Top official at the business department says plan to subsidise apprenticeship wages could set an “unhelpful precedent” — and seeks the fourth ministerial direction of the parliament.
Business secretary Sajid Javid has ordered his most senior official to proceed with a plan to use public money to pay the wages of redundant apprentices at the closed Redcar steelworks, after the department’s permanent secretary raised concerns over the cost to taxpayers.
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Martin Donnelly, the permanent secretary at the Department for Business, Innovation and Skills, sought a rare ministerial direction from Javid over the proposal to provide a £1.7million public subsidy to firms taking on apprentices at the shuttered SSI steel and ironworks site.
As accounting officers for their departments, perm secs have a responsibility to ensure that spending decisions meet four tests — “value for money”, “regularity”, “propriety”, and “feasibility.” If they believe a decision may go against one of those aims, they are required to write to ministers seeking a formal “direction to proceed”, allowing them to note their concerns ahead of being instructed to continue.
In a letter to Javid published on the GOV.UK website on Wednesday, 28th October, Donnelly acknowledged that the closure of the steelworks had been a “major shock to the economy of the Tees Valley.”
But he said the level of support – with the government promising to fully subsidise the wages of Redcar apprentices to ensure they find new jobs — could set an “unhelpful precedent”.
Donnelly wrote: “In accordance with our obligations to secure value for money for the taxpayer, we have considered the proposal against the criteria as set out by HMT [HM Treasury] in ‘Managing Public Money’.
“The required appraisal process concludes that this would not offer value for money even after taking into account the very real economic challenges facing apprentices in the Tees Valley at this time.
“It is the case that apprenticeship training offers a value for money investment and that there is economic value in supporting the apprentices to complete their training. The value for money issue stems from the level of subsidy that the Taskforce have requested in this case.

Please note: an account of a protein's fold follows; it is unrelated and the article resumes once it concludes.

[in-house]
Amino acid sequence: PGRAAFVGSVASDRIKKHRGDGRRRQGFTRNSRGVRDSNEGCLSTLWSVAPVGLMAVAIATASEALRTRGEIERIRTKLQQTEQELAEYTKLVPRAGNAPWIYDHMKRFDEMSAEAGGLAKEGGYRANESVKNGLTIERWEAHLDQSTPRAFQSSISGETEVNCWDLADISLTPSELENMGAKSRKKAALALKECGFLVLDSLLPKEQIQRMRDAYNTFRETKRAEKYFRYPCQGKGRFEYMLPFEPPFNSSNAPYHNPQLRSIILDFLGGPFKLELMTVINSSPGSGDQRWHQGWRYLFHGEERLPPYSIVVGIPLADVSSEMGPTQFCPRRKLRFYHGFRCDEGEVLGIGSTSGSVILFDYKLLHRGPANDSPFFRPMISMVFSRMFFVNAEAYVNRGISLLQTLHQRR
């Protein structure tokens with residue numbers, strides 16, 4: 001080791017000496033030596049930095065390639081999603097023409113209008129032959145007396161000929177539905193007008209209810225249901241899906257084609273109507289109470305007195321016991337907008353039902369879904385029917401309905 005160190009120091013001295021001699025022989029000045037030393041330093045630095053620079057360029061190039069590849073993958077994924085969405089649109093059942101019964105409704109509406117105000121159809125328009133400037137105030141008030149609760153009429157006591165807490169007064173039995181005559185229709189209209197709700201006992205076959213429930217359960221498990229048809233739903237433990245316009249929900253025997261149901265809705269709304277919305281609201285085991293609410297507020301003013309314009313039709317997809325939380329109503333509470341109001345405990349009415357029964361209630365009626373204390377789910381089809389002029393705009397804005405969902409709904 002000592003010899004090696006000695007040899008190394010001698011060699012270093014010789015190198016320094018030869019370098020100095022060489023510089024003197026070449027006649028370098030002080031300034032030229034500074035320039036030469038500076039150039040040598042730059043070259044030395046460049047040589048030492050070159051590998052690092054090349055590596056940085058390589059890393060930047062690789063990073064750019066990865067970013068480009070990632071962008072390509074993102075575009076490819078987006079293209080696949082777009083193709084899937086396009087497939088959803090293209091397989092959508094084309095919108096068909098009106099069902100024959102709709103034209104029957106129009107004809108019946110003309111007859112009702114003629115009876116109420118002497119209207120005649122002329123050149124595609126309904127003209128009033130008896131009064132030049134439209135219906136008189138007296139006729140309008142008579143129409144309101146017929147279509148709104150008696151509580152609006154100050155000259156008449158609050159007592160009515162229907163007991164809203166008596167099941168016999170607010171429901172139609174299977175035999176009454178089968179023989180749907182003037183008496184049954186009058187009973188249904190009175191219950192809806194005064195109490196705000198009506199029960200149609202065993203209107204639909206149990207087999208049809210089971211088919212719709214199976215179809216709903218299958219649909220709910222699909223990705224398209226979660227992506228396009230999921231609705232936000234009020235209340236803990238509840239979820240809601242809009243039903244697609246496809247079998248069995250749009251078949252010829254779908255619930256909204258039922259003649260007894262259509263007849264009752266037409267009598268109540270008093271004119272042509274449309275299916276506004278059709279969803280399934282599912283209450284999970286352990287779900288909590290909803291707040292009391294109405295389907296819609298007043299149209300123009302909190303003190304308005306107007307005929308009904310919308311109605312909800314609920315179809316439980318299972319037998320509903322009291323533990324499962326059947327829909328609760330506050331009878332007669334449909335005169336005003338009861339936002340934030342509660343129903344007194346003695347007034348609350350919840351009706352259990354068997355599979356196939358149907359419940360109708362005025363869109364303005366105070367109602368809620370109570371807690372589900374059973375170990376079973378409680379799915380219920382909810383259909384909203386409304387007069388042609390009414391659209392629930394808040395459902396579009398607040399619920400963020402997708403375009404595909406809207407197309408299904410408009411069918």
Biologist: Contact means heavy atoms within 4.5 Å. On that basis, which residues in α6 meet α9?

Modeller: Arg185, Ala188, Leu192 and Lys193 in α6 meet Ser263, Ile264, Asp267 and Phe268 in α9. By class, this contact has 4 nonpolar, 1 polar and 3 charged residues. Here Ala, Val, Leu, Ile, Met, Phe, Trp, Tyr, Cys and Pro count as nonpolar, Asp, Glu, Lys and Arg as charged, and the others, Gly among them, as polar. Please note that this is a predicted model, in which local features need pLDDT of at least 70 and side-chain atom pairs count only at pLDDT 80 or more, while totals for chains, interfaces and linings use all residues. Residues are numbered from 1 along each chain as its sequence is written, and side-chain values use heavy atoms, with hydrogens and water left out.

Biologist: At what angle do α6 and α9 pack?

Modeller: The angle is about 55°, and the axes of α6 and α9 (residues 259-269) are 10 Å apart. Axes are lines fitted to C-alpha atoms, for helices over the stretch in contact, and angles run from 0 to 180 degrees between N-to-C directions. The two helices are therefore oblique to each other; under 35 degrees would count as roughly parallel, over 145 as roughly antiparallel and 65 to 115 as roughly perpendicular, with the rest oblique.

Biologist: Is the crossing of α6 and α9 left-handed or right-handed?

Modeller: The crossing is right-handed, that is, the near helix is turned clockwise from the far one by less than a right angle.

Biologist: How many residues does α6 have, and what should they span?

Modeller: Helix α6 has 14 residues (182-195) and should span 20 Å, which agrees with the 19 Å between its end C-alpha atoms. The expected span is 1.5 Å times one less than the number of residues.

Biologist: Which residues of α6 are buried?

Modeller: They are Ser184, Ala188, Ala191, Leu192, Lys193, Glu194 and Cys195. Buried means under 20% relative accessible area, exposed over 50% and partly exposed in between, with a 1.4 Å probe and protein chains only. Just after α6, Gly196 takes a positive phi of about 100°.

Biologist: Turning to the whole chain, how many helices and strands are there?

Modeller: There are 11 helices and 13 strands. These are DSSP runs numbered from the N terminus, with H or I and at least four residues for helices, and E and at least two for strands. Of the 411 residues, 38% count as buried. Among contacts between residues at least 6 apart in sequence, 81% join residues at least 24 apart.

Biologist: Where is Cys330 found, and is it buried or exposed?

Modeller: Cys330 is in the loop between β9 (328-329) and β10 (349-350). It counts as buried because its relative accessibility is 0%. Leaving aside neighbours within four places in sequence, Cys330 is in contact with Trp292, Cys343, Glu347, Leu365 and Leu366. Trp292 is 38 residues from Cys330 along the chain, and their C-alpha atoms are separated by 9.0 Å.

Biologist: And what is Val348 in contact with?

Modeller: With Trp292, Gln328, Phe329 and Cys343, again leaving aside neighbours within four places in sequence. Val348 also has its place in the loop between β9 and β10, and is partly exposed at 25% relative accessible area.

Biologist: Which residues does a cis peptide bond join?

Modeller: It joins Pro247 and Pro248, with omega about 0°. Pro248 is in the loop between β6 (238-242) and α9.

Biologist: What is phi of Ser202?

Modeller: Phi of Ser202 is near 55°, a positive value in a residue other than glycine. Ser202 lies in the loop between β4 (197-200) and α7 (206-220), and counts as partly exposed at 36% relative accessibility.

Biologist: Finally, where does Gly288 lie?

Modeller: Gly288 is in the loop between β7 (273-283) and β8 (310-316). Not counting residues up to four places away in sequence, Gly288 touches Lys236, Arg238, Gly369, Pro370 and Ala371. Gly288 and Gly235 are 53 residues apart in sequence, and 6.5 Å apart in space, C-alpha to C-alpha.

“I am also concerned that spending at this level would be repercussive, and might create an unhelpful precedent.”
Donnelly adds, however, that the decision may have “broader implications” which could override the value for money concerns including “maintaining confidence in the Tees Valley economy”.
“If you wish to accept the request of the taskforce, then I will proceed accordingly but I require your written instruction to do so,” Donnelly writes.
“I will then ensure the necessary steps are taken to carry forward your instruction without delay.”
Responding, Javid acknowledges the department’s concern that the wage subsidy could be “repercussive” and accepts that the plan “offers poor value for money when measured conventionally”.
He adds: “However, as secretary of state I have to weigh that assessment against the broader objectives of government; including our commitments to localism, and our aim to build confidence in apprenticeships.
“Furthermore, the apprentices of Teesside face a very extreme situation and one which, in my judgement, requires an exceptional and urgent public sector response that is equivalent to the scale of the challenge.”
Donnelly’s request for a ministerial direction is his second of the parliament, with the permanent secretary having previously flagged up value for money concerns over proposals to gift Royal Mail shares to staff.
It is the fourth ministerial direction sought by a senior official in this parliament. As well as Donnelly’s two interventions, the Cabinet Office permanent secretary Richard Heaton recently noted his concerns over the funding of the Kids Company charity, while Bronwyn Hill at the Department for Environment, Food and Rural Affairs questioned the value for money implications of Defra’s flood reinsurance scheme.
According to research published by the Institute for Government, it took almost five years for the first ministerial direction to be sought in the last parliament.
A report published by the think tank last year found that the use of ministerial directions was rare, with 50 sought between 1990 and 2013.
The exchange of letters between Donnelly and Javid will now be forwarded on to the National Audit Office spending watchdog as well as MPs on the public accounts committee for further scrutiny.